Dear Dr. Wible, I am writing to you with great sadness, but with relentless determination to ignite change. I am a doctor with a disability. Two years ago I began residency training in pediatrics. The privilege was overwhelming as I stood a doctor in the very halls where I had been wheeled in as a patient with a brain tumor. I couldn’t believe that I had actually made it, that I ...

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My mother-in-law died last week. She’d single-handedly raised two sons on a social worker’s salary after the love of her life, her husband, died with metastatic melanoma. After her sons left home, she stayed alone on the farm in the middle of nowhere. When she turned 73 and felt the swell of grandmotherly love in her chest, she moved to the city to help raise her first set of grandkids, now ...

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Exercise. Growing up I competed in multiple sports. The physical enhancement of the human body through movement sparked my interest in human physiology and kinesiology. Consequently, my interest in physiology ultimately led me to medical school. It only felt natural, when medicine became what felt like the bane of my existence, that I’d revert back to this pursuit’s humble beginning. Given the fact that time was a scarce resource during internship, ...

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Physiatry resident Danielle Saenz previously shared her last year of medical school.  In her follow-up video, she shares the first year of residency.  Thank you for sharing your journey!

Medical training in the United States is a long and tedious process. It begins in college, when one must complete the mandatory prerequisite curriculum and take a medical entrance exam; your score on which is directly compared to other applicants, immediately labeling you as a competitive candidate or not. The process of applying requires the completion of multiple comprehensive applications, the compilation of countless hours of research, clinical experience, letters ...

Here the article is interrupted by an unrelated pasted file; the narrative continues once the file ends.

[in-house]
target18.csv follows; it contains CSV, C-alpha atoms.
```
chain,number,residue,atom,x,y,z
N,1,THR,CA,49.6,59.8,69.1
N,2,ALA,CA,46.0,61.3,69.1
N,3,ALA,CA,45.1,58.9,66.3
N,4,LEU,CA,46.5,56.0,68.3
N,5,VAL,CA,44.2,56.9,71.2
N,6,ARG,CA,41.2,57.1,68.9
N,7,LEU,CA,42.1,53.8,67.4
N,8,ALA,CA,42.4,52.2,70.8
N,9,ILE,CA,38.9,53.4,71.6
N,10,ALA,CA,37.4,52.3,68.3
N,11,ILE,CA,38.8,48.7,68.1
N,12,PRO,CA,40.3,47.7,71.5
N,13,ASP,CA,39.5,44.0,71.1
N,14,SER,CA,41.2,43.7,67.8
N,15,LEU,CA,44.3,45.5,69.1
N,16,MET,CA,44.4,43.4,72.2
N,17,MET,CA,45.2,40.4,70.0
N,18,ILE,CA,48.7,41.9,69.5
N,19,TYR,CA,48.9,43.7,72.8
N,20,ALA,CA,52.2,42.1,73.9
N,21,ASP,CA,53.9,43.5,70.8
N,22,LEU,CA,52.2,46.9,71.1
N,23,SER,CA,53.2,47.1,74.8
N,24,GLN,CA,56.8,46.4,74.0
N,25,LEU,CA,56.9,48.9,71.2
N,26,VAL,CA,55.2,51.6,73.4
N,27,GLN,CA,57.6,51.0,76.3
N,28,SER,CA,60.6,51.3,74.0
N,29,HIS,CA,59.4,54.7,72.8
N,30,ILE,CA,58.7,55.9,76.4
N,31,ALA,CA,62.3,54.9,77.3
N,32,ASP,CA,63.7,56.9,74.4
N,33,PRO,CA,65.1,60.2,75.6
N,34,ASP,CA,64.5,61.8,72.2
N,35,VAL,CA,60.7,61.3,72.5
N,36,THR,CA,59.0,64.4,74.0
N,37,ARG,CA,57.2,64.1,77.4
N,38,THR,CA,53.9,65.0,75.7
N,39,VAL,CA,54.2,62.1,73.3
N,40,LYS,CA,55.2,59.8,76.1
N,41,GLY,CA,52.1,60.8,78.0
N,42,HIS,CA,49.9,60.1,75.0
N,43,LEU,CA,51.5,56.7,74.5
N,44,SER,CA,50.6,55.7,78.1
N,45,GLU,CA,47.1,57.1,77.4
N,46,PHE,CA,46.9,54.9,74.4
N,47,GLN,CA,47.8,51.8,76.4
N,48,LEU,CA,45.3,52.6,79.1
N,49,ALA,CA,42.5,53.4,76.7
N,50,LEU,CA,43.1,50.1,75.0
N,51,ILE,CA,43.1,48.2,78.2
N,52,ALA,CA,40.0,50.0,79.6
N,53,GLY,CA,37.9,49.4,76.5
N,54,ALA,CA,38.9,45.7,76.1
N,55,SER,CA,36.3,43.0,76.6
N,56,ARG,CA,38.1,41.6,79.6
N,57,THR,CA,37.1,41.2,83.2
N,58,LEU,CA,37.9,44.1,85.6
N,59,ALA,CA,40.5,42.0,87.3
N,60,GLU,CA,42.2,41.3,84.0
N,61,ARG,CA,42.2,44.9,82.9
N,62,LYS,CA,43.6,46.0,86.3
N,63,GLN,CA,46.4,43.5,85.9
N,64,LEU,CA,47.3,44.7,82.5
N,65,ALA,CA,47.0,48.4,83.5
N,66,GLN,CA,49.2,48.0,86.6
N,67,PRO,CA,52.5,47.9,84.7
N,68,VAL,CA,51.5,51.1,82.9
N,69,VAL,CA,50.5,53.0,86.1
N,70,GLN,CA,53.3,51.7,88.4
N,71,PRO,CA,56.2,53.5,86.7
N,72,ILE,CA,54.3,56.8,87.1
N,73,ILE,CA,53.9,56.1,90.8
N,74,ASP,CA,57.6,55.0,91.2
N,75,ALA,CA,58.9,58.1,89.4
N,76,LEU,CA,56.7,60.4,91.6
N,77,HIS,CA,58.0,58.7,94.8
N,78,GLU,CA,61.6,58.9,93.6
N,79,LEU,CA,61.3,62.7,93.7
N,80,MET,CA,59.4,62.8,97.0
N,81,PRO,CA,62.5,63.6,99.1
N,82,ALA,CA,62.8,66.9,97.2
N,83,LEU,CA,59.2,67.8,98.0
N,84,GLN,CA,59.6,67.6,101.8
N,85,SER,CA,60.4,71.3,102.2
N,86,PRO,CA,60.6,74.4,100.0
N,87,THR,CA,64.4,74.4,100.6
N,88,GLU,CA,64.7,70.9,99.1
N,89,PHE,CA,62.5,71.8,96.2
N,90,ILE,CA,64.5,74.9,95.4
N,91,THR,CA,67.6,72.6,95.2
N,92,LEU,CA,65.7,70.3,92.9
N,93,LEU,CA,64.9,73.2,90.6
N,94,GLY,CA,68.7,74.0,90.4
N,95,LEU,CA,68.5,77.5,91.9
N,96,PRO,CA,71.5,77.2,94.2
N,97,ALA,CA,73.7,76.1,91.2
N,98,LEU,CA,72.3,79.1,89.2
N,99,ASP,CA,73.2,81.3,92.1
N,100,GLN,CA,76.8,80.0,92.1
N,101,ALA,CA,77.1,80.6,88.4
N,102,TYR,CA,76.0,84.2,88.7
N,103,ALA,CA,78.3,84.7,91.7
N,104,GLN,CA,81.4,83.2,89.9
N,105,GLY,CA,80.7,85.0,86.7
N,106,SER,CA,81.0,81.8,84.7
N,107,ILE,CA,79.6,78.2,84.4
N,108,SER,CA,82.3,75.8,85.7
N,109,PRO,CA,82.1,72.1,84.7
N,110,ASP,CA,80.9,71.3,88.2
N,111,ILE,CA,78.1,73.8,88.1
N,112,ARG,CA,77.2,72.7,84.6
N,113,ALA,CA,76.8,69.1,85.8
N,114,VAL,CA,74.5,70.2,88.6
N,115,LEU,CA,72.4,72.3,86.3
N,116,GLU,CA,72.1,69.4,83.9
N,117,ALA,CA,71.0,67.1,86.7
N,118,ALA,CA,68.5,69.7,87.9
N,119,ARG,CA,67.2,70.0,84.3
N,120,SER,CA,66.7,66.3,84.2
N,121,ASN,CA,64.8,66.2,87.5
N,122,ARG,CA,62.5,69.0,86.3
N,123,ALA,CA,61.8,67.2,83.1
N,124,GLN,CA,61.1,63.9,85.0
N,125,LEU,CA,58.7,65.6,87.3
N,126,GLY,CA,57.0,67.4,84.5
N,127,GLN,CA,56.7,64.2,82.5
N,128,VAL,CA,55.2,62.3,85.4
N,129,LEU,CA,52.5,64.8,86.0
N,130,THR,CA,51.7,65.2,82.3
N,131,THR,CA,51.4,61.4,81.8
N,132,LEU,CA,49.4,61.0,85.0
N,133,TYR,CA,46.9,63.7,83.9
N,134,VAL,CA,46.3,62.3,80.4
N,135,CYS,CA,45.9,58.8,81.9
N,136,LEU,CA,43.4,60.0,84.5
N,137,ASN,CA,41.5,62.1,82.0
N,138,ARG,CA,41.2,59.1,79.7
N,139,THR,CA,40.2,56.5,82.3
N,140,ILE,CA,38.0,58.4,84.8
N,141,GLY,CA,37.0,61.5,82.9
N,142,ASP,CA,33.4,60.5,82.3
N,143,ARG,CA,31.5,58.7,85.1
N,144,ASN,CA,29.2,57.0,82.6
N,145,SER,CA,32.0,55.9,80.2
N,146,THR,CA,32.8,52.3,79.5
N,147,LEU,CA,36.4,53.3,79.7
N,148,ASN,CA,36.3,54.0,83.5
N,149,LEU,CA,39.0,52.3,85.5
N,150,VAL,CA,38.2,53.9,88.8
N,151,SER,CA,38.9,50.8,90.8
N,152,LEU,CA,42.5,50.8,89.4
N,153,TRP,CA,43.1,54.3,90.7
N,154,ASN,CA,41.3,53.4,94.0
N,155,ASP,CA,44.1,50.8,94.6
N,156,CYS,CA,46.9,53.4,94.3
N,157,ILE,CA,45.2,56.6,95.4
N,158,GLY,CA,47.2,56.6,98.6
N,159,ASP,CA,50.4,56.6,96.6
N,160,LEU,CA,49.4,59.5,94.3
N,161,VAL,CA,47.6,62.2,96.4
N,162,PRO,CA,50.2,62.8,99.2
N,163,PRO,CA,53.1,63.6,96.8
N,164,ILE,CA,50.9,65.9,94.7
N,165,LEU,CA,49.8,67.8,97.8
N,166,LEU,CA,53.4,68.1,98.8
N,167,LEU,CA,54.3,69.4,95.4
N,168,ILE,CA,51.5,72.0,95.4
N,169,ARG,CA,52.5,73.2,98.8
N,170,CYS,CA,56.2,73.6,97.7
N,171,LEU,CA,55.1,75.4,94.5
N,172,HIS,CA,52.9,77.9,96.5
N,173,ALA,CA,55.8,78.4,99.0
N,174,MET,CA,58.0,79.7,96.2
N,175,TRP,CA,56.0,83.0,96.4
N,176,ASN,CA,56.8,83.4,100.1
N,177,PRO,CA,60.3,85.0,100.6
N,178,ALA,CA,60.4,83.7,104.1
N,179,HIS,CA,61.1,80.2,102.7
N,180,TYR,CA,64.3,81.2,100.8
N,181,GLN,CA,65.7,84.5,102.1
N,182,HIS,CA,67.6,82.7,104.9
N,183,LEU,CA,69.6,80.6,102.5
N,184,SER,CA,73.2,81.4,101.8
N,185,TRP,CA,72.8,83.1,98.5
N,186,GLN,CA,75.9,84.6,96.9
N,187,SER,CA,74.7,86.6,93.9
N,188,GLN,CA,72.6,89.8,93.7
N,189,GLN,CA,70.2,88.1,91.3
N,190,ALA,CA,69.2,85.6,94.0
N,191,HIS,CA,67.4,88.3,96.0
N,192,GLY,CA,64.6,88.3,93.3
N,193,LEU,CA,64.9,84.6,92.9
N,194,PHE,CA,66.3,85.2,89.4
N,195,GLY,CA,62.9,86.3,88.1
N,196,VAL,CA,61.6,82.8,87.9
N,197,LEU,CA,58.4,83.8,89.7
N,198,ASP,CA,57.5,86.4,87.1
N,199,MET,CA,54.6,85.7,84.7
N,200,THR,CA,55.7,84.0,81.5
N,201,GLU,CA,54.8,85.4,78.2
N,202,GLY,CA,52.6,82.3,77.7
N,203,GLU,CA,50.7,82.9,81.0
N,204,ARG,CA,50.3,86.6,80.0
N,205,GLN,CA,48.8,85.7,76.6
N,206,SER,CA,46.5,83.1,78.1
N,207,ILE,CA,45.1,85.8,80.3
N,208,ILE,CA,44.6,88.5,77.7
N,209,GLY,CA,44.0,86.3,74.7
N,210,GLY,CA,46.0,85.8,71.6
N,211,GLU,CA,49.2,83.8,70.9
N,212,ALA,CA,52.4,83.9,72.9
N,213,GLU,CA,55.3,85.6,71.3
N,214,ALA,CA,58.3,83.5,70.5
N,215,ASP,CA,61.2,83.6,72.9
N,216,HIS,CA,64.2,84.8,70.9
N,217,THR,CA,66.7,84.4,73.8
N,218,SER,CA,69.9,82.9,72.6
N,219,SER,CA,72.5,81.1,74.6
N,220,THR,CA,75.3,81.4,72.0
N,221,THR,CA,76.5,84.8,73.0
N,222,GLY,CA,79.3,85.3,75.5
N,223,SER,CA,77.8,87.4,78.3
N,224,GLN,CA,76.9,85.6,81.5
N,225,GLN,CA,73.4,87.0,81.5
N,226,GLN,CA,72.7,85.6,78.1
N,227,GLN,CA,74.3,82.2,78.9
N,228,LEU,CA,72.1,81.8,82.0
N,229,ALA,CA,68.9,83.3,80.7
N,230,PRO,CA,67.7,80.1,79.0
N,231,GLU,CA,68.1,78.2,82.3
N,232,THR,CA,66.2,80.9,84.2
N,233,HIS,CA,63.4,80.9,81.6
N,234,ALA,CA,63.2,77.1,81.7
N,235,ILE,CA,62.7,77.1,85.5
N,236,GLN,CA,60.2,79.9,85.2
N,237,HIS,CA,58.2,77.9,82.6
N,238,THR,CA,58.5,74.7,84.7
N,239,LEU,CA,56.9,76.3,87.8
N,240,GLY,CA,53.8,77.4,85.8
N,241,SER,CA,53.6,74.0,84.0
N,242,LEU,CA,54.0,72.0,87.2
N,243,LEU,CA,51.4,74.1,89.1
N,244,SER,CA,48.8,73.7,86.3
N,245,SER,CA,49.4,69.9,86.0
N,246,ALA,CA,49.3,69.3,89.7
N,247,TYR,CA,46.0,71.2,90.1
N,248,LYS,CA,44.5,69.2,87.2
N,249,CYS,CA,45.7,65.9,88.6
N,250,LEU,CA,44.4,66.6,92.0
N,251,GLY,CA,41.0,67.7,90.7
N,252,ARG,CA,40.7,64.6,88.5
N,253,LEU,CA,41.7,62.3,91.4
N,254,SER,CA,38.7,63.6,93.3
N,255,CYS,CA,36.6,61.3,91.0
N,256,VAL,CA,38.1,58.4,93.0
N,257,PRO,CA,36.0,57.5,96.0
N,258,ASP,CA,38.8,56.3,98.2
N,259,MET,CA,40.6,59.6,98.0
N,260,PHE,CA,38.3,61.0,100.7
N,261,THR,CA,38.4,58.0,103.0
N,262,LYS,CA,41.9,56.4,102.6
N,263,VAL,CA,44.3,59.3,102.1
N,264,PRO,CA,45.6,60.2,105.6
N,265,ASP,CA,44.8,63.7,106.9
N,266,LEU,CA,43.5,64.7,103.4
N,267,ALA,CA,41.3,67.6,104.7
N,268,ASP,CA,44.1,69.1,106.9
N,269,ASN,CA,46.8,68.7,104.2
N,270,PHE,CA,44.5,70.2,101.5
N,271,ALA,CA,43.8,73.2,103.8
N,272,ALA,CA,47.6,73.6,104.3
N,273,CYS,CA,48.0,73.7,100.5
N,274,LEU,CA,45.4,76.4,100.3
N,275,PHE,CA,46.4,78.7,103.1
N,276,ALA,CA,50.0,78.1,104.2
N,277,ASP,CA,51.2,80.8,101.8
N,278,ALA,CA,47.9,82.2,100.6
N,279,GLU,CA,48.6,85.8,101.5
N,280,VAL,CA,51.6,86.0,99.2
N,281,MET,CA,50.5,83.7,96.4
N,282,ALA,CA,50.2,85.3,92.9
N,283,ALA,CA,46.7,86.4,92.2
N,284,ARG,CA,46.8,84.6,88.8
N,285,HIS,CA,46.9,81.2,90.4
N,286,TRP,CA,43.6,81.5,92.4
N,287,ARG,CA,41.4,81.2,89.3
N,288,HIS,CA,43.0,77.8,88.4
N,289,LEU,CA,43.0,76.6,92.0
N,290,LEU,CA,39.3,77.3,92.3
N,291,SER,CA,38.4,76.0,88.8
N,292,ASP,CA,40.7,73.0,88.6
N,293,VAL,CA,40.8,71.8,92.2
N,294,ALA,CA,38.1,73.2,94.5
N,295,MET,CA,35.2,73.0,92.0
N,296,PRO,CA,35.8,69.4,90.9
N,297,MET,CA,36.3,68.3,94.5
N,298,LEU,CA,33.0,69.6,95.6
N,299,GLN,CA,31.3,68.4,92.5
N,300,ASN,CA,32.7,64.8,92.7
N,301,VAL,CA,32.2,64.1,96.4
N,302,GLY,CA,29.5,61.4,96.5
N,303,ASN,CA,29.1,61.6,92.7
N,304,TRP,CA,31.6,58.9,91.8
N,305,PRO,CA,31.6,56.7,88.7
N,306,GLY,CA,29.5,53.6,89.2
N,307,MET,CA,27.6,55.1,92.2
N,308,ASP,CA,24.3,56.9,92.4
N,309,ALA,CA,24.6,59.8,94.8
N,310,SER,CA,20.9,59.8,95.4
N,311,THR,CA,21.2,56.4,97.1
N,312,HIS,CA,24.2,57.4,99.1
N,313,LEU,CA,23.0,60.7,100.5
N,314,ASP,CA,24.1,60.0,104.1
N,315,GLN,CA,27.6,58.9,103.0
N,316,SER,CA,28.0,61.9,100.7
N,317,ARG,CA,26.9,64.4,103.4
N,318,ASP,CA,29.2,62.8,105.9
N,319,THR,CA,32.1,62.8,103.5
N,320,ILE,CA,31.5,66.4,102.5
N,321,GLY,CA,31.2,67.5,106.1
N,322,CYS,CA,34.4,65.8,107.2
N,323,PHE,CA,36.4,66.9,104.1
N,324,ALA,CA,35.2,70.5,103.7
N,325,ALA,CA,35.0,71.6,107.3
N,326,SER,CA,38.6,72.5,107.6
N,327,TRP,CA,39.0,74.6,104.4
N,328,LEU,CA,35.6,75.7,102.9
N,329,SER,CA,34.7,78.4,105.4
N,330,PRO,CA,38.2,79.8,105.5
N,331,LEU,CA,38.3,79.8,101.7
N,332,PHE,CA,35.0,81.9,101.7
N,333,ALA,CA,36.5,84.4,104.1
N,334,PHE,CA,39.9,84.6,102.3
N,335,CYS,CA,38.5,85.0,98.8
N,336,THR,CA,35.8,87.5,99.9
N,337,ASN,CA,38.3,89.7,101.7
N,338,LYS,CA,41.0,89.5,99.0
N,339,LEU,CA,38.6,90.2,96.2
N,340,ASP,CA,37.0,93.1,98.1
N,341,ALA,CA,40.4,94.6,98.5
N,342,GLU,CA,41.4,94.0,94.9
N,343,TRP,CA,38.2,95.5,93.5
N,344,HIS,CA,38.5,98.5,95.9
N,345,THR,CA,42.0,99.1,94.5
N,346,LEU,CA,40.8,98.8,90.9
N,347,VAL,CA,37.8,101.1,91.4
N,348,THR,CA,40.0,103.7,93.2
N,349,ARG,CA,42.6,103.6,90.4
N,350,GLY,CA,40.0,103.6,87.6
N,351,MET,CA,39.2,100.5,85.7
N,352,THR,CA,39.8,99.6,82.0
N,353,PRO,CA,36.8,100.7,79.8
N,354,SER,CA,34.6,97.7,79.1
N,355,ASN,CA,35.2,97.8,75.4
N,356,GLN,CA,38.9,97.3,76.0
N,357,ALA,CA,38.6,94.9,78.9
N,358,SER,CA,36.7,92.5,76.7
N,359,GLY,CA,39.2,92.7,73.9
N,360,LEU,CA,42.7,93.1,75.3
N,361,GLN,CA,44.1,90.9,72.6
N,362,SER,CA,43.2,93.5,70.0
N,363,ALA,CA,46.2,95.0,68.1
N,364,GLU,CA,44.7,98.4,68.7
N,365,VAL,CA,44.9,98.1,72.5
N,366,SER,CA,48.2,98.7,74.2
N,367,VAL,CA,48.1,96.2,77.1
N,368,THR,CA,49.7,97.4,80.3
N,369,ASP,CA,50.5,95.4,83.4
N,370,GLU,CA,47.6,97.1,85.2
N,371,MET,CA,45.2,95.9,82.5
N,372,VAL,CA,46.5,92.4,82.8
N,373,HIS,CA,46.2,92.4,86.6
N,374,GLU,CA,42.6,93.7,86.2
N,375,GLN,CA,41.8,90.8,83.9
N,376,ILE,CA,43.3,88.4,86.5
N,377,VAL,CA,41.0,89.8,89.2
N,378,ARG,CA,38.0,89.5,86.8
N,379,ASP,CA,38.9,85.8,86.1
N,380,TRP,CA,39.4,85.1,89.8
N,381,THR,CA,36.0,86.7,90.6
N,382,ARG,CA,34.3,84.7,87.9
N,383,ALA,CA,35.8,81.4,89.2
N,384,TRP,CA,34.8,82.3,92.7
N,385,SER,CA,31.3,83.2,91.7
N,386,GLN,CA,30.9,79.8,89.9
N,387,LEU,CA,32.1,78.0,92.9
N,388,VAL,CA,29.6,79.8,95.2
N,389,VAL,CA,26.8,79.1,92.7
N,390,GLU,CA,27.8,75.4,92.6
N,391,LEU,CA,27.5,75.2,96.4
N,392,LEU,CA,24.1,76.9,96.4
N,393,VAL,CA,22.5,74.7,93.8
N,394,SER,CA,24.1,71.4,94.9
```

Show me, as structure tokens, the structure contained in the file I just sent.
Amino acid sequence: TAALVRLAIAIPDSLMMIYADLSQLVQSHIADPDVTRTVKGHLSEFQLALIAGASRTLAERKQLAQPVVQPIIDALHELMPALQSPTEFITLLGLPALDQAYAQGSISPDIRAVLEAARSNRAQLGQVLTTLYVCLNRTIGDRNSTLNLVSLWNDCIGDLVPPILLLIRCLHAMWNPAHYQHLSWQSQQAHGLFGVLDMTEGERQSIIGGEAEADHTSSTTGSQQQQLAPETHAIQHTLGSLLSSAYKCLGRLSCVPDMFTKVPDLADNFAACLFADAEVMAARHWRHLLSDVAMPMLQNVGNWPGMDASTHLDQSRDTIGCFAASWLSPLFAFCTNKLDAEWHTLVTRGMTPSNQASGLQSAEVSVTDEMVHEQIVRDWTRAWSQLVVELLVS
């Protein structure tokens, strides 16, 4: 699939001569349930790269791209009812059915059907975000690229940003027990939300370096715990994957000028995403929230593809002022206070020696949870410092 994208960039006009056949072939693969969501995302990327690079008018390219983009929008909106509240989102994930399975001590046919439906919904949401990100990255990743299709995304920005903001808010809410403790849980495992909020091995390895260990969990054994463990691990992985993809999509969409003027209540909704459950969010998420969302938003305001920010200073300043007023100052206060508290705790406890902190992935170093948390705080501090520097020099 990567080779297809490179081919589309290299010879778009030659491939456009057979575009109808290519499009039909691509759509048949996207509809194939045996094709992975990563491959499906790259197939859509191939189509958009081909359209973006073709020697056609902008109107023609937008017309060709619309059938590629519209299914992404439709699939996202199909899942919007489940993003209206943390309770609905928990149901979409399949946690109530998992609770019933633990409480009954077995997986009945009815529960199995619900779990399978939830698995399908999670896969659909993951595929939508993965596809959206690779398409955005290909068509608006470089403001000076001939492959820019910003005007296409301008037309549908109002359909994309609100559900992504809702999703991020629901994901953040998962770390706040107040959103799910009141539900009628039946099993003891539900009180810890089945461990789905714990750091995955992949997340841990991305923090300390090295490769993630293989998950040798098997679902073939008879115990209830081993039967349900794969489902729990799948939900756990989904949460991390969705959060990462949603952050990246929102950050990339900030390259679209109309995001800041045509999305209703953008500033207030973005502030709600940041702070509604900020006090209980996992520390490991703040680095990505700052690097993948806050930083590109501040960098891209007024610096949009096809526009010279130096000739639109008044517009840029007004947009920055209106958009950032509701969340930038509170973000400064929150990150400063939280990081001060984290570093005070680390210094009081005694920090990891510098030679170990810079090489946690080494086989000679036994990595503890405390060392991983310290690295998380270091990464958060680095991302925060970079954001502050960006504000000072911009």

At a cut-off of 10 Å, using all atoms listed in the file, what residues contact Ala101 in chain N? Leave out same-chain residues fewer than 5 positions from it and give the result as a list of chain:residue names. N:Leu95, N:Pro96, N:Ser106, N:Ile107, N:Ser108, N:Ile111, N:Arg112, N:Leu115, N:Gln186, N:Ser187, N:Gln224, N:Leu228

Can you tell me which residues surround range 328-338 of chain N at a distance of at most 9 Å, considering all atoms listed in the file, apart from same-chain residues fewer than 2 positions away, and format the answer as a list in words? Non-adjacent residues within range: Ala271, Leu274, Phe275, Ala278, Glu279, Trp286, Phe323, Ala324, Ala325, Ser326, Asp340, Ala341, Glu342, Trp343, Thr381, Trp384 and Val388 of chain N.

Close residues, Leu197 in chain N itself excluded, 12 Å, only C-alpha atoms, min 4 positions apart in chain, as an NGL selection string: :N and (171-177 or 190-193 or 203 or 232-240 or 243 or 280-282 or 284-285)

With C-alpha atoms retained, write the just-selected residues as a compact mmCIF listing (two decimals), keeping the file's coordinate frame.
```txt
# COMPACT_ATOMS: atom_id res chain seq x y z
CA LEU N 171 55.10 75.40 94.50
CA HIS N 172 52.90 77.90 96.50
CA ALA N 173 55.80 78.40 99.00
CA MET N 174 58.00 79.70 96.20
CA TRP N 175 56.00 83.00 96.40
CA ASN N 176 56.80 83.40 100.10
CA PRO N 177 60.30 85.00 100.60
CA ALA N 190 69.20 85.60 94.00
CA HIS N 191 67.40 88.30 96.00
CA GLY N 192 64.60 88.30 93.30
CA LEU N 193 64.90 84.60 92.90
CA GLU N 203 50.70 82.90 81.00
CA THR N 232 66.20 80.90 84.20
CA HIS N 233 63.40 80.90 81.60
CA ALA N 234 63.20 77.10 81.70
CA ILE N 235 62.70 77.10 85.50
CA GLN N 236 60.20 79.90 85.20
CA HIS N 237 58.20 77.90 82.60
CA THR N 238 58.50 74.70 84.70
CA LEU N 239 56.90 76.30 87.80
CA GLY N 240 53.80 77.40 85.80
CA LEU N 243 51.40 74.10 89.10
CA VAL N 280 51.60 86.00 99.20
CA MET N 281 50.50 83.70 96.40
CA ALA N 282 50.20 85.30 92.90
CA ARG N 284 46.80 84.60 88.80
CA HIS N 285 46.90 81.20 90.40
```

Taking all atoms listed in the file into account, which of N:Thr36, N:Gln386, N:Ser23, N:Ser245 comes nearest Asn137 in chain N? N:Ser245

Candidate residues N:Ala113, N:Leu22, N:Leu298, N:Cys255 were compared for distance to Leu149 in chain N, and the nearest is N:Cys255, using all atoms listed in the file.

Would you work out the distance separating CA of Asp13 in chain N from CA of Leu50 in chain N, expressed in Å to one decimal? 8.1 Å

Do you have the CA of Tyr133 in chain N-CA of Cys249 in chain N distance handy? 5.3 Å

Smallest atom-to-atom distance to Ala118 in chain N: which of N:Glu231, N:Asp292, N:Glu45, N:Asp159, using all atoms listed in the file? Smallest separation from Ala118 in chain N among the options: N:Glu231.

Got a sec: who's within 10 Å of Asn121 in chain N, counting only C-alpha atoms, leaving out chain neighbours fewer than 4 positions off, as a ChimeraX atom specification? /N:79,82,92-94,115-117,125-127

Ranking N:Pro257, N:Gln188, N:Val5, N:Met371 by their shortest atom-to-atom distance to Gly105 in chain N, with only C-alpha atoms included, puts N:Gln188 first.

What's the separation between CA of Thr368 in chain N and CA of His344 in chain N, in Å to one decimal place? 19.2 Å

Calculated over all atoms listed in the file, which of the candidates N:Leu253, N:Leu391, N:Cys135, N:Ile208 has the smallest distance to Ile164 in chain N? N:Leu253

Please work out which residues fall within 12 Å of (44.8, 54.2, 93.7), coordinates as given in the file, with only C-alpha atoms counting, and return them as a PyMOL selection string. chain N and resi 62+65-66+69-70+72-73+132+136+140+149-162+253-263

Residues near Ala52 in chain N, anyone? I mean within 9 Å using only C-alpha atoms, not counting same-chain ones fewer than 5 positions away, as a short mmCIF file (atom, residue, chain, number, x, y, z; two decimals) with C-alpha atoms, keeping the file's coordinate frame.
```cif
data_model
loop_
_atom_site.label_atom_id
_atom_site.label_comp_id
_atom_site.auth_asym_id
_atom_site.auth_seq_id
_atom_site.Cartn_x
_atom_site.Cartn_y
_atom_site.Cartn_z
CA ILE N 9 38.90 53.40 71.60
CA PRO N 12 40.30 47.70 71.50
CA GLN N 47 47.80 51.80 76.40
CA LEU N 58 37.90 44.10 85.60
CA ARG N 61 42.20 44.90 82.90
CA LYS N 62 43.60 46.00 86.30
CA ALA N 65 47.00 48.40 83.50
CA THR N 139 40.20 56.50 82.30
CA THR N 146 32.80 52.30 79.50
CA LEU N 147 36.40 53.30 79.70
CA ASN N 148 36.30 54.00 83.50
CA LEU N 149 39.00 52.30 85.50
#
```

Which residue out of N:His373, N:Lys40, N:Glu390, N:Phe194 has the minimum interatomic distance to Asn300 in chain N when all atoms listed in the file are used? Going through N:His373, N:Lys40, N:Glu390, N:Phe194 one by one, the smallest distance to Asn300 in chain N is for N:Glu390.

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“Please don’t spoil the movie with your own soundtrack.” Remember hearing this message before the beginning of a movie in a theater and how most people turn their devices on silent to watch the movie? The cost of the movie ticket is considerably less than the cost of medical education, but I wonder if learners consider this phenomenon when they walk into their classrooms. Is the habit of smartphones in ...

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Dear medical student, resident, or fellow, You will one day forget something. We are currently in a systematic plot to have everyone forget something important. We are quietly unaware it is happening. We are asked to forget how we got here. I want to remind you. I want us all to remember. You undoubtably were more mature than your peers. You undoubtably sacrificed to develop the persona that one day would impress ...

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It’s that time of year where upcoming fourth-year students are frantically preparing applications for their chosen specialties.   Statements like “I LOVE psoriasis,” and “’I’m fascinated by the colon,” are heard from eager, smiling, seemingly-passionate faces when asking preceptors for a "strong letter of recommendation.’" But what about you? You know, the one whose specialty decision-making process feels more like being tossed into an M.C. Escher lithograph than the instant, undeniable attraction ...

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I am blessed to love being a doctor.  As the child of two physicians, and the fifth generation of physicians in my family, I had no choice but to go to medical school.  But from the first day of medical school, I loved it.  What a privilege, to know how the human body works! And I didn’t think medical school was particularly fun: I thought it was hard. The first ...

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In the 2014 Forbes article “How A Nobel Economist Ruined The Residency Matching System For Newly Minted MD’s,” Amy Ho argues the way we place new medical school graduates into residency positions needs to be reassessed. She calculated the cost of applying to residency to be greater than $7,500 when taking into account loans and interest. If you have not participated in the U.S. medical educational industrial complex, ...

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